by Elisa Blasi, Learning Disabilities Association of York Region Ambassador Elisa's Story Have you ever heard the term “the elephant in the room”? It is often used when there is an obvious issue or problem that everyone can see, yet, in order to avoid an uncomfortable situation, is sidestepped. For most of my life, I [...]
In this podcast, Michael Karras will frankly share with you his struggles and successes as a student, linked in part to his learning disability (LD) and ADHD, but also due to the type of teaching he received.
Who says that students with learning disabilities (LD) cannot pursue a postsecondary education? Meet Danya and her story of perseverance, humility, and collaboration. Danya and her mother, Carol-Ann van Rassel, explained how, with the support of the school team and the family, a student with an LD or other challenges can succeed at school, at work, and in life generally.
Aaron Bailey is a 25 year-old man who is diagnosed with: Attention Deficit Hyperactivity Disorder (ADHD) combination type, a learning disability in mathematics, generalized anxiety disorder (GAD) and depression; additionally, Aaron struggles with reading and writing. Aaron graduated from the Child and Youth Worker (CWY) program at St. Lawrence College in Kingston, following which he attended Griffith University in Australia and completed a Bachelor’s Degree in Human Services. Currently, Aaron works as the Project Consultant for the ASD Transitions Project at the Regional Assessment and Resource Centre (RARC), at Queen’s University. Aaron shares his experiences…
It was a very moving experience. My husband is Anglophone, so he didn’t clearly understand what her reading difficulties were [Abby attends a French school]. When we were doing her homework in grade one and two, it was very frustrating because it would take her an eternity to read. We would practice reading a lot, but it was laborious.
When Alexis was first diagnosed with learning disabilities in grade two, she struggled to understand what a learning disability was and why she learned differently from other students: “I remember that I didn’t learn like other students did – I felt dumber. Once it started that I went to the other classroom, it became normal.” [...]
Félixpier is a Grade 12 student with Attention Deficit Hyperactivity Disorder (ADHD) and other learning disabilities. He was diagnosed as having ADHD in elementary school after undergoing numerous neuro-psychological assessments. But this did not come as a surprise to Félixpier and his family; he wasn’t the only one dealing with this disorder. While Félixpier has had to overcome a number of challenges at school, he has also had a number of successes. From the perspective of the Félixpier, his mother, and the resource teacher, a student who is experiencing learning difficulties and other challenges can succeed with the support of the school team and the family.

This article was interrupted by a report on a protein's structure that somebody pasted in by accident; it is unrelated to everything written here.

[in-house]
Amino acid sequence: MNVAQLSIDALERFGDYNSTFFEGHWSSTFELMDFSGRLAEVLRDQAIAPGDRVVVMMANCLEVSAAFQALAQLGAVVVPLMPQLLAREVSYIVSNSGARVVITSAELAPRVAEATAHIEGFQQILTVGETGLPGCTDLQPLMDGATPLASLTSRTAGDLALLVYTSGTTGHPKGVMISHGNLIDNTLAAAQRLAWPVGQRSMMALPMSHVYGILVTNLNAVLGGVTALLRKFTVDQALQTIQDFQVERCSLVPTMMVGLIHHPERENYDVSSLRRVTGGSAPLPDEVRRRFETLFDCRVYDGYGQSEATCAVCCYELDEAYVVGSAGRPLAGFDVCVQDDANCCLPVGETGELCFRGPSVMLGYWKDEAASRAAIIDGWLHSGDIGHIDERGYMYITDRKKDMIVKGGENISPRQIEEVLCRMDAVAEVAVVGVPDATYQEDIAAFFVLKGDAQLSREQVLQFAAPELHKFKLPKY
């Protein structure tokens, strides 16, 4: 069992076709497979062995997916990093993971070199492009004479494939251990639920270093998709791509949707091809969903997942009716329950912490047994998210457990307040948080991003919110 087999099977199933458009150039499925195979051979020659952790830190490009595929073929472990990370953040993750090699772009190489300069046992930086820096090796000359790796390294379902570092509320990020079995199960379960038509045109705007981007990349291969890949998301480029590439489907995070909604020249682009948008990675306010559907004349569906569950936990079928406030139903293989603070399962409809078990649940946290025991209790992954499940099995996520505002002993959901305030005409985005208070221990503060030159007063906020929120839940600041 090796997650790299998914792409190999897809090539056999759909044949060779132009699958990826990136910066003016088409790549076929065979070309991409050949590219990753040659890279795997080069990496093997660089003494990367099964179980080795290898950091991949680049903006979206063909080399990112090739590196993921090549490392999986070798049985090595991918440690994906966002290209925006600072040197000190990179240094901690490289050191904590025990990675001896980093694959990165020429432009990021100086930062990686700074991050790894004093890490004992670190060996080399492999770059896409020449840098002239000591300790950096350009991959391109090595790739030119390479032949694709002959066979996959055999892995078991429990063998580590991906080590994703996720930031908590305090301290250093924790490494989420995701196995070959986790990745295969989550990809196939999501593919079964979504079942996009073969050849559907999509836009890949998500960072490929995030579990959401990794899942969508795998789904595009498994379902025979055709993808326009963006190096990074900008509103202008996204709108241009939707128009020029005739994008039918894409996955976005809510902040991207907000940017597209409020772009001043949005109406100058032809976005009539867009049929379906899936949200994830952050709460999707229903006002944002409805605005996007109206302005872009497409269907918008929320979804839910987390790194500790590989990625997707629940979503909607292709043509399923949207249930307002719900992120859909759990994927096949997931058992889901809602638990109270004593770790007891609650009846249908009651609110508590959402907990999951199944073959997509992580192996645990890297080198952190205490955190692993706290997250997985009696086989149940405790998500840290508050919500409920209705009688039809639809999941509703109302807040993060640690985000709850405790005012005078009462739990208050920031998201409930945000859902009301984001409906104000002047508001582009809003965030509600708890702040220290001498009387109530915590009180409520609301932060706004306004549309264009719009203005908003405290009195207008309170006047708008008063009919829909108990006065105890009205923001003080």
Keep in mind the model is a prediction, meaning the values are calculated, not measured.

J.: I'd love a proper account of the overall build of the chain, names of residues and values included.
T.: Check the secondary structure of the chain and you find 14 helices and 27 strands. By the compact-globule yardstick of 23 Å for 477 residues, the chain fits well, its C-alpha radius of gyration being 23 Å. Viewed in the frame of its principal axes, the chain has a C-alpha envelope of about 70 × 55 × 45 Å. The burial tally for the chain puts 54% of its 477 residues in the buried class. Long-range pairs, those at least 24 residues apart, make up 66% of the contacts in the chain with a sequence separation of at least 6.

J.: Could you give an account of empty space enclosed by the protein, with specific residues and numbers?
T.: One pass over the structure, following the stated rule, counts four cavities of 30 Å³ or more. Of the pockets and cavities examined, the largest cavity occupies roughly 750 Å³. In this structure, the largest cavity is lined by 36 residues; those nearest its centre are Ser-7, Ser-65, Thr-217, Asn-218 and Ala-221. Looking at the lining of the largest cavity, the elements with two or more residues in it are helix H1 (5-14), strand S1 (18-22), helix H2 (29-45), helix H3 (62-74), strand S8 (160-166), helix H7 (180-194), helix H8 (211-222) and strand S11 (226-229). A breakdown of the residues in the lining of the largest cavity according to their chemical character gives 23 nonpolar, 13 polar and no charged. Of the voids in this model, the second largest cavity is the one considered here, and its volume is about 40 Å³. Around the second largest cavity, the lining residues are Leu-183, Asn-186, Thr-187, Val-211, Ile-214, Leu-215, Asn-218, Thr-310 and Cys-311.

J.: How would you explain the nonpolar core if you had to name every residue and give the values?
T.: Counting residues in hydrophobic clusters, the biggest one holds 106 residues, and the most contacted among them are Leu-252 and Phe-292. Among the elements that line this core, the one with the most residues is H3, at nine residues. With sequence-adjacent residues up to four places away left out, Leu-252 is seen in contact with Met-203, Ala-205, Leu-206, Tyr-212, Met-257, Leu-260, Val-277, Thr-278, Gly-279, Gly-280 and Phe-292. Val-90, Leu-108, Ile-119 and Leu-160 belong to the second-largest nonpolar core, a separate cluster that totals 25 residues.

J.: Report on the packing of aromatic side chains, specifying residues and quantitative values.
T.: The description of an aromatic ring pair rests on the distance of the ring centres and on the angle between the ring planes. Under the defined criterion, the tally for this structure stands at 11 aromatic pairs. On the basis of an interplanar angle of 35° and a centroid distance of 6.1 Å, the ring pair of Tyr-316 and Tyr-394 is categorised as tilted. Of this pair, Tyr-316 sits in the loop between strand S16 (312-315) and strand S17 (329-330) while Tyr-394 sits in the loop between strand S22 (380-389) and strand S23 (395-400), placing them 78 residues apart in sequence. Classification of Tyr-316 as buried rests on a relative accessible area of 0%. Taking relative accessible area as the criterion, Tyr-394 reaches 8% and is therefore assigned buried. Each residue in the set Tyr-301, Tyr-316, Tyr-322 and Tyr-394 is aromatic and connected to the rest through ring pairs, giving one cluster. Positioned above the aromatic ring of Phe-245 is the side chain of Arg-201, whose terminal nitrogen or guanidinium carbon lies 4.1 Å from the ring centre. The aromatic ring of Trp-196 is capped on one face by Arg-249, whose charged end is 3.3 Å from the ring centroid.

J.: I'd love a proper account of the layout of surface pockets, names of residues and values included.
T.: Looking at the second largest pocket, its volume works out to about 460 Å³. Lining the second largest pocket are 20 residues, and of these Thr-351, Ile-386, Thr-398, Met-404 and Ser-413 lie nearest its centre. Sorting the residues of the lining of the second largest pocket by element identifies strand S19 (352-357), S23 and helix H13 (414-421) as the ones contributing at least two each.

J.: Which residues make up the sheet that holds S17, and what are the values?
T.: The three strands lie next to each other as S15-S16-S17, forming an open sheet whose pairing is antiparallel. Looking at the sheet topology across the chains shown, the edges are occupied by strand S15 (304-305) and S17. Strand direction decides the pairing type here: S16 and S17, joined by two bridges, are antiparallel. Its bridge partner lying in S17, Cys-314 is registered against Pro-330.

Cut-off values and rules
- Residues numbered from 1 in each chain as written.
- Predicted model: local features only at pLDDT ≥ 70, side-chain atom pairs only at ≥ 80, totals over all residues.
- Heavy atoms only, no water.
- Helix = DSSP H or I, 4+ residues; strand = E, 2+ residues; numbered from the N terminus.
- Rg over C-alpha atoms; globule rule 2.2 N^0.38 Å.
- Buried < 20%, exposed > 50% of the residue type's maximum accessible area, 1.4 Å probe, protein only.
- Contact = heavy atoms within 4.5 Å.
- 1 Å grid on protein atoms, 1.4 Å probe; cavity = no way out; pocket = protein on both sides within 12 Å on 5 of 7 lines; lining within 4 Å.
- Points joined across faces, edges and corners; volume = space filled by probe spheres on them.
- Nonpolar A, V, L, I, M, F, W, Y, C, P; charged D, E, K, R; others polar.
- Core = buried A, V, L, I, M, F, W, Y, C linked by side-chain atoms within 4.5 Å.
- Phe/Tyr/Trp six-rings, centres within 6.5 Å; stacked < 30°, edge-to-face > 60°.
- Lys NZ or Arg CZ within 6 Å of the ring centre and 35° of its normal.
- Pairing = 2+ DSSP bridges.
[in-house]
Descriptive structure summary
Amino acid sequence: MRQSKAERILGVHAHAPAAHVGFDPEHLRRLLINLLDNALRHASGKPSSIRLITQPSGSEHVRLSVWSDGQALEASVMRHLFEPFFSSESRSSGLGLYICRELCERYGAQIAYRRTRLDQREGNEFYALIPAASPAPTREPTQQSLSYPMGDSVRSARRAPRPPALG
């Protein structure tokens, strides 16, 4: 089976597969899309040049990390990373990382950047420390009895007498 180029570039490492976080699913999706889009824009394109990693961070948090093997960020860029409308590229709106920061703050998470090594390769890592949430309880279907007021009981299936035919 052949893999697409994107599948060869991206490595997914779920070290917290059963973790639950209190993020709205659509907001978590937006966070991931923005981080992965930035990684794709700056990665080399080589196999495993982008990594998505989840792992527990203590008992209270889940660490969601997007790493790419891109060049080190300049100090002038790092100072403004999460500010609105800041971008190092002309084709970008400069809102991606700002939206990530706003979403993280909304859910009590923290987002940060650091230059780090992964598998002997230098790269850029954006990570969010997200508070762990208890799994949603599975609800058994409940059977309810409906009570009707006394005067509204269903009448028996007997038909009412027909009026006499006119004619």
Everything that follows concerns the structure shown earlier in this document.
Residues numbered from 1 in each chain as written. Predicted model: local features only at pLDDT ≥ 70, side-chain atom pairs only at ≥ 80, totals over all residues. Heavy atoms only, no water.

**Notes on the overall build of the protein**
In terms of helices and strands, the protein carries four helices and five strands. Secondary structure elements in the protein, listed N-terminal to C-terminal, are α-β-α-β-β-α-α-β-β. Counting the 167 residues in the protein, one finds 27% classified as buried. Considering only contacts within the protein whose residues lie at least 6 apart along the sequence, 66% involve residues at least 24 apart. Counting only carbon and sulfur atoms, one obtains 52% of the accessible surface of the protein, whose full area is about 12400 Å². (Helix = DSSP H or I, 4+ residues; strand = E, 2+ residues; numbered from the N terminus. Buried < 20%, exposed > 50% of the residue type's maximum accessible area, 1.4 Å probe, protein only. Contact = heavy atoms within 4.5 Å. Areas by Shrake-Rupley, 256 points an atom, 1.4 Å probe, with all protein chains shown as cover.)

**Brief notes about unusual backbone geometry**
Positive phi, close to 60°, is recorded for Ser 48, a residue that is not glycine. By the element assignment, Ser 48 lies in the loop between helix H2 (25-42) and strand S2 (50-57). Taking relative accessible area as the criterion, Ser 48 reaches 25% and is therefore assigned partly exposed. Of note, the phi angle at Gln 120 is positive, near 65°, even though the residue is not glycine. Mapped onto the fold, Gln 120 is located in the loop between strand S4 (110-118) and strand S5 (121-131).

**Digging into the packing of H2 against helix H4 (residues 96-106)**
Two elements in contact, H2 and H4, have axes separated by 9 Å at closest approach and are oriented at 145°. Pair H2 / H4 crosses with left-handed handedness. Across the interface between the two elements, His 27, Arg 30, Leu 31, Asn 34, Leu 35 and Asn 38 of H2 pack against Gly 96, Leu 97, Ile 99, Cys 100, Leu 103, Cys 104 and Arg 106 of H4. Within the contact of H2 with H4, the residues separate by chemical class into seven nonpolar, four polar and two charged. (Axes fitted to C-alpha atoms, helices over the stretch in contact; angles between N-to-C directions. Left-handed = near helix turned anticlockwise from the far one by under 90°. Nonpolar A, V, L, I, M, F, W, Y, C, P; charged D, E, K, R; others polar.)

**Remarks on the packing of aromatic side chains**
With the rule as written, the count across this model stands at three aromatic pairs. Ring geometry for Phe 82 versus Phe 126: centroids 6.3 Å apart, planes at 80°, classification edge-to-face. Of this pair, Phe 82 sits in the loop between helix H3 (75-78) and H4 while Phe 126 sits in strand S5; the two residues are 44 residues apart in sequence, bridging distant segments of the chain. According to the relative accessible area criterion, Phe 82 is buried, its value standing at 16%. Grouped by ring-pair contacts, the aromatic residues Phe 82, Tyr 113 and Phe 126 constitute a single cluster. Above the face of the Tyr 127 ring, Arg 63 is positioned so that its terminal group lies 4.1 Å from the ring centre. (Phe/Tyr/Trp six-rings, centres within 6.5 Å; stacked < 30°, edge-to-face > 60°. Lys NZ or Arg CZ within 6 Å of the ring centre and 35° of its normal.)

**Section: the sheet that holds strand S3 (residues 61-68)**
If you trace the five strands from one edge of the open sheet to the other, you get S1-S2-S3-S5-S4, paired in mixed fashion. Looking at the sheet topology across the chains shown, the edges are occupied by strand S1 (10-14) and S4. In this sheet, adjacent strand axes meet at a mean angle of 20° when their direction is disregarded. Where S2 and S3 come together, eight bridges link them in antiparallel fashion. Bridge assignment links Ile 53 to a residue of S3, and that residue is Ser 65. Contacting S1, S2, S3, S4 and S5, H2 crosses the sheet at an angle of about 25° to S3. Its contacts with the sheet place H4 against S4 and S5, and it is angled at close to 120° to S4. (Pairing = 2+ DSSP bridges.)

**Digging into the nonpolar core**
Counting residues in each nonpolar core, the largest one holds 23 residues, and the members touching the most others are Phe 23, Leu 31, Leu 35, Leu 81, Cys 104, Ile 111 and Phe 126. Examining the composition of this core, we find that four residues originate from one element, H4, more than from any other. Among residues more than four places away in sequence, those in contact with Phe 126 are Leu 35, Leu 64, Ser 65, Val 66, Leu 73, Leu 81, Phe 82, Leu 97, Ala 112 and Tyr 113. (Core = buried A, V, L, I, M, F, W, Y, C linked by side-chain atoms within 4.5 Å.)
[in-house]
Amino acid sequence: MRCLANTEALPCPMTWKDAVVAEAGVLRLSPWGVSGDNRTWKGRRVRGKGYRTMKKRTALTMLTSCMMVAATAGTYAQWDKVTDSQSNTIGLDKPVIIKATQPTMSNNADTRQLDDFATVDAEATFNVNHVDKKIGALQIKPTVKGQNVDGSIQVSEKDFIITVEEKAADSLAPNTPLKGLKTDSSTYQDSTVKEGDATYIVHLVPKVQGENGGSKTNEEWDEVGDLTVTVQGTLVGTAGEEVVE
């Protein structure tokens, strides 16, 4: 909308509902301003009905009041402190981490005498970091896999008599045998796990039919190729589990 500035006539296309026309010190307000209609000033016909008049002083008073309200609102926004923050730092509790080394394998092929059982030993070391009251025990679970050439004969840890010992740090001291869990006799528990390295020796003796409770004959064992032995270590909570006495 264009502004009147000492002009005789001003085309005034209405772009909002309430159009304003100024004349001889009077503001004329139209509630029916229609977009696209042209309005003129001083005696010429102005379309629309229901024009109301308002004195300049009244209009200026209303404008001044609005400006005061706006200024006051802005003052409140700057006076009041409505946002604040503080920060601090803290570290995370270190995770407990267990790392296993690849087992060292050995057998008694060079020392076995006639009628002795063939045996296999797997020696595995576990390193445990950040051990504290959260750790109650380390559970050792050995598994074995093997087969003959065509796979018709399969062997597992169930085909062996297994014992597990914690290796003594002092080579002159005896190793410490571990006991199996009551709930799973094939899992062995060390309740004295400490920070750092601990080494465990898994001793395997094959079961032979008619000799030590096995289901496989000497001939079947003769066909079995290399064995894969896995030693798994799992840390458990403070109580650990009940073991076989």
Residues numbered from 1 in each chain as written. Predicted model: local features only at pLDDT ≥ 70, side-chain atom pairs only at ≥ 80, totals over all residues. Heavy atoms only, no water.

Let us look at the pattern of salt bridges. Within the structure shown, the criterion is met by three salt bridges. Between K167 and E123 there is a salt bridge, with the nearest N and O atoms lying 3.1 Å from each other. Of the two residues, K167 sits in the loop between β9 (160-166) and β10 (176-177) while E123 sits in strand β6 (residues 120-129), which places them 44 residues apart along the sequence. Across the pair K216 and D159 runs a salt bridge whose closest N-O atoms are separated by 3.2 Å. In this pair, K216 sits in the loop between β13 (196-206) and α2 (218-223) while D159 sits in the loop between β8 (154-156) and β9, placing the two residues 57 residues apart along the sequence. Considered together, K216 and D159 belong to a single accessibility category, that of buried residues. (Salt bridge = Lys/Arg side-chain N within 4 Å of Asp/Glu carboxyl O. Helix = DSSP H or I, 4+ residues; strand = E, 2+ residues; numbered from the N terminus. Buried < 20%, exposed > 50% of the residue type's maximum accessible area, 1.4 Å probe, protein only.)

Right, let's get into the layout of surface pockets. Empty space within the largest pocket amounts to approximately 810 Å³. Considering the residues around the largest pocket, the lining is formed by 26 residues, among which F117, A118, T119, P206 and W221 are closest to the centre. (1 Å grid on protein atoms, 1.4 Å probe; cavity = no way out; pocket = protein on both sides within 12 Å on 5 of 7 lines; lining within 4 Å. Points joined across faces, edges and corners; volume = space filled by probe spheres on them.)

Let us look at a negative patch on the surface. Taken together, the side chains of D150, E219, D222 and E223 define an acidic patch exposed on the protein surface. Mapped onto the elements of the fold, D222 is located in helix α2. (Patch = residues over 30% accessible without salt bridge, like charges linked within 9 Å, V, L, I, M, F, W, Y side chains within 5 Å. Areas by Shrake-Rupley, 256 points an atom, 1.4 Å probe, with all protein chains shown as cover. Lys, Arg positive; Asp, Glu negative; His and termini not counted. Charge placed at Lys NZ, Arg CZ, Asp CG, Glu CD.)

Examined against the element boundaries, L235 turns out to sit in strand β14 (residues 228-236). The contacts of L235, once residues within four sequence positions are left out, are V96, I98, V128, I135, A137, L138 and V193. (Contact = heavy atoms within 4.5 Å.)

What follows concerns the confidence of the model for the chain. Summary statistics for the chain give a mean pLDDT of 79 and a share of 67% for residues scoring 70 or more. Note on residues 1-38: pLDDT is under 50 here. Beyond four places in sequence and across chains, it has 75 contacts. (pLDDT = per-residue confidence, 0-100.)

At the beginning of the year, Laurence had a lot of difficulty staying on task. It was challenging to measure her knowledge and comprehension in subjects such as mathematics because she didn’t stay on task for long. She made a lot of disruptive noises during class. Laurence didn’t always realize that she was making noises. Sometimes she found herself engaging in unsafe activities during gym such as kicking a ball while the game was stopped. Since the assessment, I have noticed that Laurence reflects more before speaking during discussions and experiences fewer challenges following directions during physical education. Laurence’s grades have increased in certain subjects and she demonstrates pride when she completes an assignment. Before, she was always the first to quickly complete her assignments and now she hands in her work at the same time as the other students. During group work, Laurence is less likely to move away from her work group. She remains focussed on the task with her partners.
He found out in grade 2. I asked a consultant to help me with the process. I was realizing that he was aware that he was different than the other students. I didn’t know how to explain it to him without hurting his feelings or lowering his self-esteem. Following meetings with interveners, he reacted well. He finally understood that it was not his fault. It was because of his learning disability. He is aware he learns in a different manner, but that everything is possible. We created a video and presented it to the 3rd grade class (at the beginning of the school year). It was a success. We have known since he was very young and we started meeting with a speech therapist since he turned 3 years old.
A Message from Matt: I’d like to share that living with a learning disability is very hard at times, but you can’t just give up on life, you need to live up to your full potential. You need to want to help yourself before others can help you. The key to success is to want [...]